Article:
Oh, and do of course stick in hypertext links if you feel they might be useful (to Project Gutenberg and Google Book Search, for example, which are mentioned in the piece).

And only put it up if you like it enough. I won't mind at all if you decide it's not for you after all.

Got to run, more mania, flying to Ireland to do a TV show tomorrow. They're very excited about me winning the prize. My mother, who lives in Tipperary, is posting me thirteen articles she's cut out of the papers...

Incredibly silly, isn't it? Prizes are so random and absurd. Like being hit by lightning.

Best of luck with everything,


Twelve hours after the announcement of the winner of the National Short Story Prize for 2007, I was still on the piss with A S Byatt. What a mind! I’d never met her before. I might never meet her again. Obviously I had to try. But she told me firmly that she is extremely married. So this might be shaky, due to heartache and champagne.

Some people worry that the short story, like the vole, is declining due to loss of habitat.

I am here with news of joy. It is going to be OK.

The modern short story is often to be found hiding in a novel, often an Irish novel. English novels tend to go for the one broad arc, like a cast iron bridge by Brunel, with some curlicue and filigree to give texture. The Irish novel tends to have a single structuring principle, which is used to give a different kind of unity to a thousand shards of story, mosaiced. The English novel is made of iron and is cast, the Irish novel is made of everything and is assembled. You see it in the many styles of Joyce’s Ulysses, the many sources and voices of Flann O’Brien’s At Swim Two Birds, the various islands and incidents of Swift’s Gullivers’s Travels.

A fugitive short story could hide comfortably in any great Irish novel. A character could just open his mouth in a pub, and the story could inhabit his mouth like a cave. I’ve hidden short stories in the mouths of characters, deep inside novels, myself.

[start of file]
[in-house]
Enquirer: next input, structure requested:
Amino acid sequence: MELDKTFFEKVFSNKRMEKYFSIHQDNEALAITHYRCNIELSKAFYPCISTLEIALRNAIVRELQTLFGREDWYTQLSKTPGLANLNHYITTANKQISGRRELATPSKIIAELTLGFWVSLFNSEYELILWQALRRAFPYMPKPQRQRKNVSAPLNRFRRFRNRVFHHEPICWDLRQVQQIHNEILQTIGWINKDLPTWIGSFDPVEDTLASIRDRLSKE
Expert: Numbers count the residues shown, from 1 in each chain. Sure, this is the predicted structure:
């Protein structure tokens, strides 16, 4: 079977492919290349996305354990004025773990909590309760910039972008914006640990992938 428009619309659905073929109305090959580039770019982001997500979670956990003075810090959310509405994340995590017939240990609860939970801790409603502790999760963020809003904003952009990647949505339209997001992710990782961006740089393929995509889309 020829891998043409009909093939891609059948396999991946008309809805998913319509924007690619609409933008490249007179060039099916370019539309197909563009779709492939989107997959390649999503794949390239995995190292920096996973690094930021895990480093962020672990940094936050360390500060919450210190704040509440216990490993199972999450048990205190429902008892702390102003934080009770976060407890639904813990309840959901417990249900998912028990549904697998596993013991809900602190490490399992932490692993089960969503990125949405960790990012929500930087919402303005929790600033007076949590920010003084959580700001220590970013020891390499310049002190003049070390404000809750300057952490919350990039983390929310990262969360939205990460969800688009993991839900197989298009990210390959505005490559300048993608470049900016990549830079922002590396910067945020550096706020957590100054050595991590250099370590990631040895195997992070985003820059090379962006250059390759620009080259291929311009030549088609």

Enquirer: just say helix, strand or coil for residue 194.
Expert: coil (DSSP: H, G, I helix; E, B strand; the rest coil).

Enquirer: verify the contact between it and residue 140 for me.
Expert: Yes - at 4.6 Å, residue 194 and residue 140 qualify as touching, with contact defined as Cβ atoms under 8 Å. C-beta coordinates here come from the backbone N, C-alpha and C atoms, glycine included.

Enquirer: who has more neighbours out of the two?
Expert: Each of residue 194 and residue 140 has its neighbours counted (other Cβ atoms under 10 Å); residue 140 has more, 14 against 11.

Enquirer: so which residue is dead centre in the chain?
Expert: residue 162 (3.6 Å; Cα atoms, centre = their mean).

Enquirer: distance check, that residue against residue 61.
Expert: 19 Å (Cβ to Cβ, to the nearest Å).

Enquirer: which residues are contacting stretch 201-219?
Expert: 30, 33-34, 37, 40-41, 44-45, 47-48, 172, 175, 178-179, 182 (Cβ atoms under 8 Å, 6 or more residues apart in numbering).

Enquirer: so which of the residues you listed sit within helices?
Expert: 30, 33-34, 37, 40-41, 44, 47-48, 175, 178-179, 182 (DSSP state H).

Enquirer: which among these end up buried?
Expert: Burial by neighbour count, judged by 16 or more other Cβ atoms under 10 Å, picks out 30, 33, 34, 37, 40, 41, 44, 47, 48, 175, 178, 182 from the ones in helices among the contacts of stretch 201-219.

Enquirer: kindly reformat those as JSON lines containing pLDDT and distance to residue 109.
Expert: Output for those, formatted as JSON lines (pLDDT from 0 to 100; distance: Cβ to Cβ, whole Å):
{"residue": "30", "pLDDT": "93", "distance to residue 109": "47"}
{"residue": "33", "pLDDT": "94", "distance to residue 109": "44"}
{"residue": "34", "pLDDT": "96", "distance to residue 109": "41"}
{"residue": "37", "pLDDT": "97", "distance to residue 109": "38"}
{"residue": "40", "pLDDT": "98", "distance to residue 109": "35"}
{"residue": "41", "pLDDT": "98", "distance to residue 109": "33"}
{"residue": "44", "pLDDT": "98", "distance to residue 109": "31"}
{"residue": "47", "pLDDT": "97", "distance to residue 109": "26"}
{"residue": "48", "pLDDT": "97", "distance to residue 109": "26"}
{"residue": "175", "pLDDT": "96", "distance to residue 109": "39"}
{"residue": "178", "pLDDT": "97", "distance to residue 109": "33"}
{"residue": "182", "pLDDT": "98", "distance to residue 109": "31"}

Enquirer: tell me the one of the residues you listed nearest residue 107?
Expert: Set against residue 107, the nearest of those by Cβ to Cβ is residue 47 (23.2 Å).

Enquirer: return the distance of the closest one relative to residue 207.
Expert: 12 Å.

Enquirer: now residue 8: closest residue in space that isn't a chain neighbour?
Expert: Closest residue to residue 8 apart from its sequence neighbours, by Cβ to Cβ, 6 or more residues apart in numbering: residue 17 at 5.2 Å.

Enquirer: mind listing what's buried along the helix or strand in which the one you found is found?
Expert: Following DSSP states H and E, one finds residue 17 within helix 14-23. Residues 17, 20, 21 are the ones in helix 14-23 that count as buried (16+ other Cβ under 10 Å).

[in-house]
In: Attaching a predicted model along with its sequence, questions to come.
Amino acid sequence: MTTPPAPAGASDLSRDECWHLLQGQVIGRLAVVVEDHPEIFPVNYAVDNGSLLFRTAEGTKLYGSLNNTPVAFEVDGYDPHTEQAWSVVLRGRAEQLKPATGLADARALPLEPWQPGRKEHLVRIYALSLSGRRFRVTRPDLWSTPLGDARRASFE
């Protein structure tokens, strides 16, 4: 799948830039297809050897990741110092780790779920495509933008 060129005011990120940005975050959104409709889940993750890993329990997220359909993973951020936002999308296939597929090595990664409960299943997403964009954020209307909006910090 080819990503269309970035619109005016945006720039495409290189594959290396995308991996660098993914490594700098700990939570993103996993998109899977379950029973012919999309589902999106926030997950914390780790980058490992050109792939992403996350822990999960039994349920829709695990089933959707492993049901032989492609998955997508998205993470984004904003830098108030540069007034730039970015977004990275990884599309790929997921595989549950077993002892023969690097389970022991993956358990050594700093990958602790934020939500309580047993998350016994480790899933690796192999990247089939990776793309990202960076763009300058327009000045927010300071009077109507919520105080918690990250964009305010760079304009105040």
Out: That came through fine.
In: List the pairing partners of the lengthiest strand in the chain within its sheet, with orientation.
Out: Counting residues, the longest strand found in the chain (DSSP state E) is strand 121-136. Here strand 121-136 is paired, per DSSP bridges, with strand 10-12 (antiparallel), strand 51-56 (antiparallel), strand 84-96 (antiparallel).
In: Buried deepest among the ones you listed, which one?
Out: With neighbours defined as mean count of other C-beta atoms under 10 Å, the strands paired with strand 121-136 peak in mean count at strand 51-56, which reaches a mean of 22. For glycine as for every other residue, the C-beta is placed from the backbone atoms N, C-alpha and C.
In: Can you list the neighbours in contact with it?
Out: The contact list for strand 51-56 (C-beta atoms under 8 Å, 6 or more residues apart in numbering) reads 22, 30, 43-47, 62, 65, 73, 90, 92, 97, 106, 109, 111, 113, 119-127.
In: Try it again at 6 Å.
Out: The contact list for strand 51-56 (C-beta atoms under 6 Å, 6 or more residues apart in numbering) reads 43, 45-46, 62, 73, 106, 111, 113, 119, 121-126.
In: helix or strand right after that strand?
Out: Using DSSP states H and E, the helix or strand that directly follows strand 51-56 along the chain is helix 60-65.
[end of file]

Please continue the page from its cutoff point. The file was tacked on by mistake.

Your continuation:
No, no need to worry. The short story is merely hiding out in the novel until it is safe to come out. And soon it will be safe to come out. Because the internet is creating a vast new habitat that has not yet found its final shape, or final inhabitants. Cyberspace is ripe to be colonized by the small and nimble vole of the short story, who will change his form to suit the new terrain. But it will still be short, and still a story. It’s going to be alright.

Meanwhile the people creating the biggest problems for the short story are the short story writers. Especially the dead ones. Because Chekhov was so good, so revolutionary, contemporary short story writers think that they can be revolutionary by copying him. They copy him: and the revolution doesn’t happen and the audience wanders off. Because that’s not how you do it.

Chekhov didn’t have a television. He didn’t have broadband access to everything ever right here and right now always on and ever ready. Chekhov wouldn’t write Chekhovian short stories if he were alive today. He’d write something else.

If you are a writer, maybe you should stop showing us in meticulously observed and realistic detail the realistic things which we (after a century of Chekhov’s subtle influence) meticulously observe ourselves every day, and which tell us nothing new about the world or ourselves.

Go wild. Wilder. Rip it up and start again. You can’t make a mistake, because there aren’t any rules yet…

A suggestion. If you want to go forward, go much further back. Take a running jump at it. Don’t read Ian McEwan. He’s very good, but he is of no use to you. Kill the father, and embrace the grand father. Read Rabelais. Read Erasmus. Read Aristophanes. Read somebody I’ve never heard of, someone out of print for the past three hundred years, who has just been put up online by Project Gutenberg, or Google Book Search. And rip them off something rotten. Steal it, take the wheels off, rebuild the engine, see if it can be converted into a seaplane, collide it with Krazy Kat, or Swedish jazz, or Somali hip hop, or the stories your mother tells about working on the production line at a pea canning factory in Germany when she was nineteen.

The spark of art comes from banging things together.